If you'd like to check how accurate your Treadmill is, here's the testing procedure. The simple approach of timing a number of revolutions of the treadmill belt doesn't work because the belt slows down when you're in contact and speeds up when you're in flight. This test evaluates the treadmill while you're running on it, avoiding that problem. I developed this procedure while testing the Stryd Footpod. I'd found that their Footpod is stunningly accurate outside, but seemed to be way off on the treadmill. The folks at Stryd investigated reports from various runners about problems on the treadmill, and they found that many treadmills vary in speed, slowing down when the runner is in contact with the belt. This is in addition to any other calibration problems a treadmill might have.
Besides the treadmill, you'll need a camera capable of recording high speed video, sometimes referred to as "Slo-Mo video". An iPhone 6 or 7 works well, though there are other options. You'll need to place markers at regular intervals along the belt. I used round sticky labels from Amazon that are intended to be color coding dots. You need to measure the distance between the labels, and I used a standard steel rule. I put my phone on a tripod, though you could ask a friend to take the video for you instead.
The actual recording is fairly simple. I set up my phone so that it was looking sideways at the treadmill, and slightly above the belt. You need to be able to see when your foot is in good contact with the belt, and see the markers as they go by. You only need to record about a minute of travel, but make sure you let the treadmill get up to full speed. If you have a remote shutter release, you can record only when your speed has stabilized (I couldn't find my remote release when I shot my calibration video.)
I used Kinovea for analyzing the results. It's free, open source software, and you can find some more details at High Speed Video Analysis. I used Dropbox to transfer my video to my PC.
The calculation of pace is fairly simple, and I used Excel. If your timings vary from sample to sample, then you need to average them out. In my testing, I got exactly the same time for each sample which made things easier. I calculated the number of inches per second the belt was moving at by dividing the distance (12 inches) by the time (0.112 seconds), giving me 107 inches/second. This is then converted to miles/hour by dividing by 17.6, giving me 6.087 MPH. Sadly, my treadmill was set to 7.0 MPH, so it's a long way off!
6 Even Greater Accuracy
The accuracy of the approach above is limited by the frame rate. This can be offset somewhat by measuring several samples and averaging the result, but it still has some error. This error is because of the marker won't move exactly 12 inches in a given number of frames. An alternative is to measure how far the marker moves in a specified time. You can use the keynote via to simplify this. You need to have some known distance in the image that's close to the markers on your treadmill. If you draw a line in Kinovea you can use that for calibration. Simply noting how far the treadmill marker moves in a given number of frames and drawing a line between those distances will tell you how far the treadmill belt has moved in that time. Calculating the treadmill speed is then fairly trivial. You can actually go a little further, and have calculate the speed for you. If you track a marker using the instructions in High Speed Video Analysis, Kinovea will display the horizontal velocity. You can even ask Kinovea to display a graph of the horizontal velocity against time, as shown below. However, this may give you some rather depressing information, is your treadmill belt may be varying in during different points of your foot strike.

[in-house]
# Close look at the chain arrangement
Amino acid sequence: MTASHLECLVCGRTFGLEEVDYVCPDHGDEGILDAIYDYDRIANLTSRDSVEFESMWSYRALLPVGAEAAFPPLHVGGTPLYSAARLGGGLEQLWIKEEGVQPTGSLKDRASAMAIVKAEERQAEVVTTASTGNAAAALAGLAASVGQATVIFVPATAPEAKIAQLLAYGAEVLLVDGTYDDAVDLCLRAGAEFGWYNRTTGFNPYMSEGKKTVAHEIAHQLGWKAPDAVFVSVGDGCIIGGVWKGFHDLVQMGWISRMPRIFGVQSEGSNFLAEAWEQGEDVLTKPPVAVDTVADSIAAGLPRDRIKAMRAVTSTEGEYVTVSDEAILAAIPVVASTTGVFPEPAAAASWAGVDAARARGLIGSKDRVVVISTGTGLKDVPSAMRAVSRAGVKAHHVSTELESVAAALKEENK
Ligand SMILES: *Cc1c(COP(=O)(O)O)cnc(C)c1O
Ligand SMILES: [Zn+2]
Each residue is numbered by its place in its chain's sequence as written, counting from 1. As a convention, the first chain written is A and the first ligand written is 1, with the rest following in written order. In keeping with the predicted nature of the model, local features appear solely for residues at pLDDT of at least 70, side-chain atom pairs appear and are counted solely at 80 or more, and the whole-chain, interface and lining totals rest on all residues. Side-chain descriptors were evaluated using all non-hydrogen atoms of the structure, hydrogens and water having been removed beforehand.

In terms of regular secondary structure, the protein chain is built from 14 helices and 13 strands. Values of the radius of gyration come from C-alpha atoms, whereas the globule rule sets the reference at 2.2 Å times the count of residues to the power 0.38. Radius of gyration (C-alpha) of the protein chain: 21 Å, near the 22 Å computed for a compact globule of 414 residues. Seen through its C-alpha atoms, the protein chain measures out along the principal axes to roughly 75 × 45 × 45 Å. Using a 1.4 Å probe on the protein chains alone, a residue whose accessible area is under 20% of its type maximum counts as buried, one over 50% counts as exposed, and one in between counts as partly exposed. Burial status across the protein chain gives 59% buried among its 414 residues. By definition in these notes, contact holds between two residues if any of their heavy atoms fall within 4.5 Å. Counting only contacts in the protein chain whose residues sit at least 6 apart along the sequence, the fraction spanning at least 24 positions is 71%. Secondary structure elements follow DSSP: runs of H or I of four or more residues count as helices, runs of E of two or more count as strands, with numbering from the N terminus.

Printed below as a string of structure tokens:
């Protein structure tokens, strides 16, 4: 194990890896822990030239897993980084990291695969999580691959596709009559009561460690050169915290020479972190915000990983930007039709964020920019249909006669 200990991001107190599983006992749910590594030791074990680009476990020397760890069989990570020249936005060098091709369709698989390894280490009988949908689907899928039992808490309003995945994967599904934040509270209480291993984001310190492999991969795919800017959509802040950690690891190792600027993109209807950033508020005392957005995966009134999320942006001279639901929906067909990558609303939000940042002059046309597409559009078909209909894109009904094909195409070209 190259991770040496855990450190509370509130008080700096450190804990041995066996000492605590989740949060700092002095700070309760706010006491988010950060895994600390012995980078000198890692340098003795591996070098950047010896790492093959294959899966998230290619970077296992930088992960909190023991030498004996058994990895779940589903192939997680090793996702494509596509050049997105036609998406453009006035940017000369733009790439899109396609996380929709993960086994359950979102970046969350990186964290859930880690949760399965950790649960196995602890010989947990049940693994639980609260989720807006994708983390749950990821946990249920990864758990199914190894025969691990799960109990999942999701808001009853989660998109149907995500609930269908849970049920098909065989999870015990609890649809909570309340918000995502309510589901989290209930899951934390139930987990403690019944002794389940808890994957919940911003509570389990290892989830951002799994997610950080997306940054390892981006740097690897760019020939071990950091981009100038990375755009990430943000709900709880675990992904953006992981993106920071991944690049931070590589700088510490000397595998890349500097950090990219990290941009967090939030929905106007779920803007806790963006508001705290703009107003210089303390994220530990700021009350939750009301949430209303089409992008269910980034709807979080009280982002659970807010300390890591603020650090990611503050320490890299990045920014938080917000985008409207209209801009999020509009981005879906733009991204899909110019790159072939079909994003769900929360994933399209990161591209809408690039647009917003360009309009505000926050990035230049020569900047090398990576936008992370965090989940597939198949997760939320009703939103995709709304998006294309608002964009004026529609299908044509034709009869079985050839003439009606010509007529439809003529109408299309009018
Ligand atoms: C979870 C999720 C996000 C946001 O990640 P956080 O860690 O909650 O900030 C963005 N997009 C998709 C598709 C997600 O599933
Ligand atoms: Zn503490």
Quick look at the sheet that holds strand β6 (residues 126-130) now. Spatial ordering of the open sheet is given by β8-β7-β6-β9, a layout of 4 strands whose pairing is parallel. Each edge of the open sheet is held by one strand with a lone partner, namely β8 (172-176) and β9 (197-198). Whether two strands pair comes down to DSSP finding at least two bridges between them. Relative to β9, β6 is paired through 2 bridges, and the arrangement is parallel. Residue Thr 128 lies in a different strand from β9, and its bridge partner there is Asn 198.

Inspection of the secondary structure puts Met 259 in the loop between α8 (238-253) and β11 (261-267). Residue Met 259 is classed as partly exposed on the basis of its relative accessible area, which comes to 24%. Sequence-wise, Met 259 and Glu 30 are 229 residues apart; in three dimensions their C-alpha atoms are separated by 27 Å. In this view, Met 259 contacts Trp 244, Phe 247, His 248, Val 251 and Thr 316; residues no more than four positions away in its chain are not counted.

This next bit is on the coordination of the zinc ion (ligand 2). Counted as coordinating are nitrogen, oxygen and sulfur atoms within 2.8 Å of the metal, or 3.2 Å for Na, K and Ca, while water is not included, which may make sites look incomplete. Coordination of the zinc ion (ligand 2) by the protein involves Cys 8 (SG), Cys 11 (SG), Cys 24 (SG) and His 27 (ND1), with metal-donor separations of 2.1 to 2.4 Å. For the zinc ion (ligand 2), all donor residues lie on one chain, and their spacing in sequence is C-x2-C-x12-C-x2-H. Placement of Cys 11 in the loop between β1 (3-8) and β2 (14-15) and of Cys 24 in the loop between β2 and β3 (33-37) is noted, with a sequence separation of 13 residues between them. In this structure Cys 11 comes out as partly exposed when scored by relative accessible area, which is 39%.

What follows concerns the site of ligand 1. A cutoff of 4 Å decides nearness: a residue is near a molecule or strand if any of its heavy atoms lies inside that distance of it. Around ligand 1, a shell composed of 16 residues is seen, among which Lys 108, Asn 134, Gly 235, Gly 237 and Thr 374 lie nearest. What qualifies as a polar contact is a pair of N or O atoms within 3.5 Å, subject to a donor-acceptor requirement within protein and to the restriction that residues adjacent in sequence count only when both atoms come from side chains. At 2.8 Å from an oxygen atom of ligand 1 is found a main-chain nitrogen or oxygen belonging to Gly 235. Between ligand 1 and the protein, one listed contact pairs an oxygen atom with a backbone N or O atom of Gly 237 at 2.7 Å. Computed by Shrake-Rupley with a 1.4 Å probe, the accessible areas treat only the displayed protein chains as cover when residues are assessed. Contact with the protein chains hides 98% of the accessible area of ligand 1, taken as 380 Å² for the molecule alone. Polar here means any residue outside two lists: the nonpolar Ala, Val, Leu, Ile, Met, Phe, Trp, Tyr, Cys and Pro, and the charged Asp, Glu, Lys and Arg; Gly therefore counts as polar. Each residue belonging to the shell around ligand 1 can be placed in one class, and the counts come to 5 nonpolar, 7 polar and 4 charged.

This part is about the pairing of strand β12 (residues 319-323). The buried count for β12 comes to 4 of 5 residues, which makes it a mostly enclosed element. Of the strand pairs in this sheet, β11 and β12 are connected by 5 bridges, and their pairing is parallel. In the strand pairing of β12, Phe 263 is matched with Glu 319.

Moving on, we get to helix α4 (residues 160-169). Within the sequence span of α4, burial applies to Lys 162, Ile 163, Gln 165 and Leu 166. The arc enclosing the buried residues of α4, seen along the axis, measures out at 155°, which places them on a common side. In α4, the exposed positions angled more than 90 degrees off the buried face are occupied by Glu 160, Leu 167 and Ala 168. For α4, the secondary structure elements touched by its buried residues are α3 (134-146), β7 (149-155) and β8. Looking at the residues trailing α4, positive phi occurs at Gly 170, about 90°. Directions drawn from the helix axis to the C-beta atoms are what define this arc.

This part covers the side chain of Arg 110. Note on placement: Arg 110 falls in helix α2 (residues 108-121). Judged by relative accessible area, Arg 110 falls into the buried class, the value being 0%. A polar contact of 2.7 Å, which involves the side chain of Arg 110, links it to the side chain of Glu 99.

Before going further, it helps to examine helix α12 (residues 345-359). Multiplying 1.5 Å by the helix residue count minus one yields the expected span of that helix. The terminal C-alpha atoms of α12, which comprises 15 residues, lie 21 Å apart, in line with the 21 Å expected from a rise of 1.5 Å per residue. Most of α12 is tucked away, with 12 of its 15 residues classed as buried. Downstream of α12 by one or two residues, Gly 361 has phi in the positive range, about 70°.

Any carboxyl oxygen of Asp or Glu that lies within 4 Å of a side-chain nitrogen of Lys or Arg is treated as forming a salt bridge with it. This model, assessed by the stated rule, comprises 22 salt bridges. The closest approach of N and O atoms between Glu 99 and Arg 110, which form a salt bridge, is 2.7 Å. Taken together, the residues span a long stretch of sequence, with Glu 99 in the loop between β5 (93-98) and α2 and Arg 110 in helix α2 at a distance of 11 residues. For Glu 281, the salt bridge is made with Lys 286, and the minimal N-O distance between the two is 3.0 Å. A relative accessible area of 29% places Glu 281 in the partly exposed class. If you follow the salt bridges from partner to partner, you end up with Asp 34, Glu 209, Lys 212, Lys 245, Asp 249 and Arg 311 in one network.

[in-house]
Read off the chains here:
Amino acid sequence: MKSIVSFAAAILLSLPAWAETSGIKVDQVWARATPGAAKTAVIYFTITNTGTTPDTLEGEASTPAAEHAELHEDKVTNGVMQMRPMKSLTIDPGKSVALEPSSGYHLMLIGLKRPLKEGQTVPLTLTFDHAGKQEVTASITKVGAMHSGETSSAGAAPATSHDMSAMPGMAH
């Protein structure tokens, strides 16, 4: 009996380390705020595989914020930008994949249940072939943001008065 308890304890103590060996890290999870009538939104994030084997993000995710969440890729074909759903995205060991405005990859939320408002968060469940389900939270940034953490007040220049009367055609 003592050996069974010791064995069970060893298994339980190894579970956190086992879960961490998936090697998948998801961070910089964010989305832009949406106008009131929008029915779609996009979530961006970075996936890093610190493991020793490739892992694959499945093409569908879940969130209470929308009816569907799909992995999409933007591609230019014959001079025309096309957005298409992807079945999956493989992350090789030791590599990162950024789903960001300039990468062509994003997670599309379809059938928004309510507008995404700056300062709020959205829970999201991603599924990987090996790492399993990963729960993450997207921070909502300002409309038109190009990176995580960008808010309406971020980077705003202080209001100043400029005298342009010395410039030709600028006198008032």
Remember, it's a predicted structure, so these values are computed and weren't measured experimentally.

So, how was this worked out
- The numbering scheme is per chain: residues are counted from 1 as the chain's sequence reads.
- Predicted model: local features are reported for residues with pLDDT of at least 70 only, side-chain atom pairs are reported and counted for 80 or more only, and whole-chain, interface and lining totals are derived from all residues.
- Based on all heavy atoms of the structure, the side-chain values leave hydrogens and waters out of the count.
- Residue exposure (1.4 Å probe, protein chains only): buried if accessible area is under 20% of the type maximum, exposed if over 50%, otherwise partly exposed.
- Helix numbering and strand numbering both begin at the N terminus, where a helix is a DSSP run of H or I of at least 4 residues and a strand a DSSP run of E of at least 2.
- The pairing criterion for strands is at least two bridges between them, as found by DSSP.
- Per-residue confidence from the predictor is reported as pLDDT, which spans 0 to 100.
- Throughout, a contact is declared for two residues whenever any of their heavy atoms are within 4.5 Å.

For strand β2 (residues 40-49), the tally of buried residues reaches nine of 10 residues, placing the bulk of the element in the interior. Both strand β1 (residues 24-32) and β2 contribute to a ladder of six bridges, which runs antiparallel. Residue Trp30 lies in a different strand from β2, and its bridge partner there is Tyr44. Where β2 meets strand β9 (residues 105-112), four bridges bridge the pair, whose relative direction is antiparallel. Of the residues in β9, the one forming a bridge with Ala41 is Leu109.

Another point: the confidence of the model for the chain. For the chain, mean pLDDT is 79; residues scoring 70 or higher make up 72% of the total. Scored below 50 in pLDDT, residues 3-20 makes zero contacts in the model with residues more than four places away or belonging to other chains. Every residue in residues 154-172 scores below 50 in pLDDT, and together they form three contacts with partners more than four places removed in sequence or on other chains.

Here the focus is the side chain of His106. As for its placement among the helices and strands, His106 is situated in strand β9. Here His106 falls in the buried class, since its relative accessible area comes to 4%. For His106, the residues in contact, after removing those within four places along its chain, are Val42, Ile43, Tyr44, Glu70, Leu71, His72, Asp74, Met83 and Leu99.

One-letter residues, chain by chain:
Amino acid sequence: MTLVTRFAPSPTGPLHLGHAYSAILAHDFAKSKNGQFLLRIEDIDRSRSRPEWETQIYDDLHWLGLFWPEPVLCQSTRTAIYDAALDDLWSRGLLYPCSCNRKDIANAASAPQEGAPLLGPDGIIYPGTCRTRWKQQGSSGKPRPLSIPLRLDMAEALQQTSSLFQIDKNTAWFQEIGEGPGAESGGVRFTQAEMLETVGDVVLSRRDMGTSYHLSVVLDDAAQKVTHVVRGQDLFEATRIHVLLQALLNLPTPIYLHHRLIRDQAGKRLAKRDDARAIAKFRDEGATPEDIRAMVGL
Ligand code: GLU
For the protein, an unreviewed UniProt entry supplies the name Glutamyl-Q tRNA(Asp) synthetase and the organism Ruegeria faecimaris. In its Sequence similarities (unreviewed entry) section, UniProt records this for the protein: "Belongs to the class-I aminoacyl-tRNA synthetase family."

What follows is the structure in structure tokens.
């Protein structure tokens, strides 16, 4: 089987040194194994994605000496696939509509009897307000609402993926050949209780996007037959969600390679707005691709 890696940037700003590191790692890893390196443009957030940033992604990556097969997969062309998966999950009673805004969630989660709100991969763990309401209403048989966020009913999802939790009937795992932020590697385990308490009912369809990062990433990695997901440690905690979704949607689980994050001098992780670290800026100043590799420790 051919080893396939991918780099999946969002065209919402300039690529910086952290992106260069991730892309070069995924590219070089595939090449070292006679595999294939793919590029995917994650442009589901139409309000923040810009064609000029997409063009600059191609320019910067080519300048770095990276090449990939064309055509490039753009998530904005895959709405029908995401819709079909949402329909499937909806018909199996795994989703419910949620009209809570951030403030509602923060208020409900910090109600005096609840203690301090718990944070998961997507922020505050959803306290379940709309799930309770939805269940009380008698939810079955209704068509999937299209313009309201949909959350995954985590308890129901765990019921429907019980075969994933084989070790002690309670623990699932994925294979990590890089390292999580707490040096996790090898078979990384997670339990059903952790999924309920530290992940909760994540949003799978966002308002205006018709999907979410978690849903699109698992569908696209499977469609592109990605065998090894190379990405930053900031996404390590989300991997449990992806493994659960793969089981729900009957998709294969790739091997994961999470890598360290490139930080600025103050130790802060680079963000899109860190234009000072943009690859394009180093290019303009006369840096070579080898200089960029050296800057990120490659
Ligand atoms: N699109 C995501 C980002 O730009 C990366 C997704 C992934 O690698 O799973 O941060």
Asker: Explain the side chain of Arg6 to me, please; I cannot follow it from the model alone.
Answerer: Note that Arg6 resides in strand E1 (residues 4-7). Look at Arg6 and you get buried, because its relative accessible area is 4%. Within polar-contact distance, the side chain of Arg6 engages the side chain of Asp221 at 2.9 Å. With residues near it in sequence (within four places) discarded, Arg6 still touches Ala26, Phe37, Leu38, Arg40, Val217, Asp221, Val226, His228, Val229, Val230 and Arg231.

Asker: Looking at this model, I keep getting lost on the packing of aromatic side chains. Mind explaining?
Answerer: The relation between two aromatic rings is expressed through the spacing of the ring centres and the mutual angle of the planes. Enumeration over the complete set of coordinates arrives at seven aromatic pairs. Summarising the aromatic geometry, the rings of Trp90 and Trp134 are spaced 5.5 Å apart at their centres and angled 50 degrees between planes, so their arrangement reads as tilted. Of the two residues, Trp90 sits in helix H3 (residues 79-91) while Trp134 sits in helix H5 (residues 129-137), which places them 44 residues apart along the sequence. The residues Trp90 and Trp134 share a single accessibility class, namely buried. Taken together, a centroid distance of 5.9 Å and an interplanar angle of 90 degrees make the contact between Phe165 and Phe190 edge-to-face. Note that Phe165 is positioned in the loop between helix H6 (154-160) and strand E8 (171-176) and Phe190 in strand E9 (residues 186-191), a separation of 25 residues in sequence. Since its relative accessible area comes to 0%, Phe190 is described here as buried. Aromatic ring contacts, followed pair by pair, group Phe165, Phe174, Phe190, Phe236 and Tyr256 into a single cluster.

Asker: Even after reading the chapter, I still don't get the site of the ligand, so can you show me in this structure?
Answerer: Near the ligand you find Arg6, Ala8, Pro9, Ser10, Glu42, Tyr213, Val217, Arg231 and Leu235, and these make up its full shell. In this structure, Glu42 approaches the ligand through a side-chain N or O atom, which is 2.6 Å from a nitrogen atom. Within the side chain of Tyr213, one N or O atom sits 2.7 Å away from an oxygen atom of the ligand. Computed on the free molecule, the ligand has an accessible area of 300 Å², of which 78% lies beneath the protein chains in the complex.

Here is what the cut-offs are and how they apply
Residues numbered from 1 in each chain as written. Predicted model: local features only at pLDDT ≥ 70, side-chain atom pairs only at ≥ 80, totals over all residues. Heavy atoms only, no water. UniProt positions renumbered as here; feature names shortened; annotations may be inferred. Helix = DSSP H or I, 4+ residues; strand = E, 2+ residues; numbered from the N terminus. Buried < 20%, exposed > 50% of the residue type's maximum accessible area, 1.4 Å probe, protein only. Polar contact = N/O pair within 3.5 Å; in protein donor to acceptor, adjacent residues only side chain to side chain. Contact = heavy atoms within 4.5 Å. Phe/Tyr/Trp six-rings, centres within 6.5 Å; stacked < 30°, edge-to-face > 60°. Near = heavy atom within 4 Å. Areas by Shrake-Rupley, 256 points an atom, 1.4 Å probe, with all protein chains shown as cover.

7 Equivalent Treadmill Speed
A lot has been written about the difference in running on a treadmill from outside, and what the equivalent pace should be. It's commonly advised that the treadmill pace should be a little faster than outside, or the incline should be set to about 1%. Unfortunately, I've never seen any research to back up this idea, and it would be nice to see some analysis using oxygen consumption as a definition of intensity. It's unclear to me how to compensate for a treadmill belt that varies in speed during the foot strike, as this becomes a rather different running mechanic from running outside.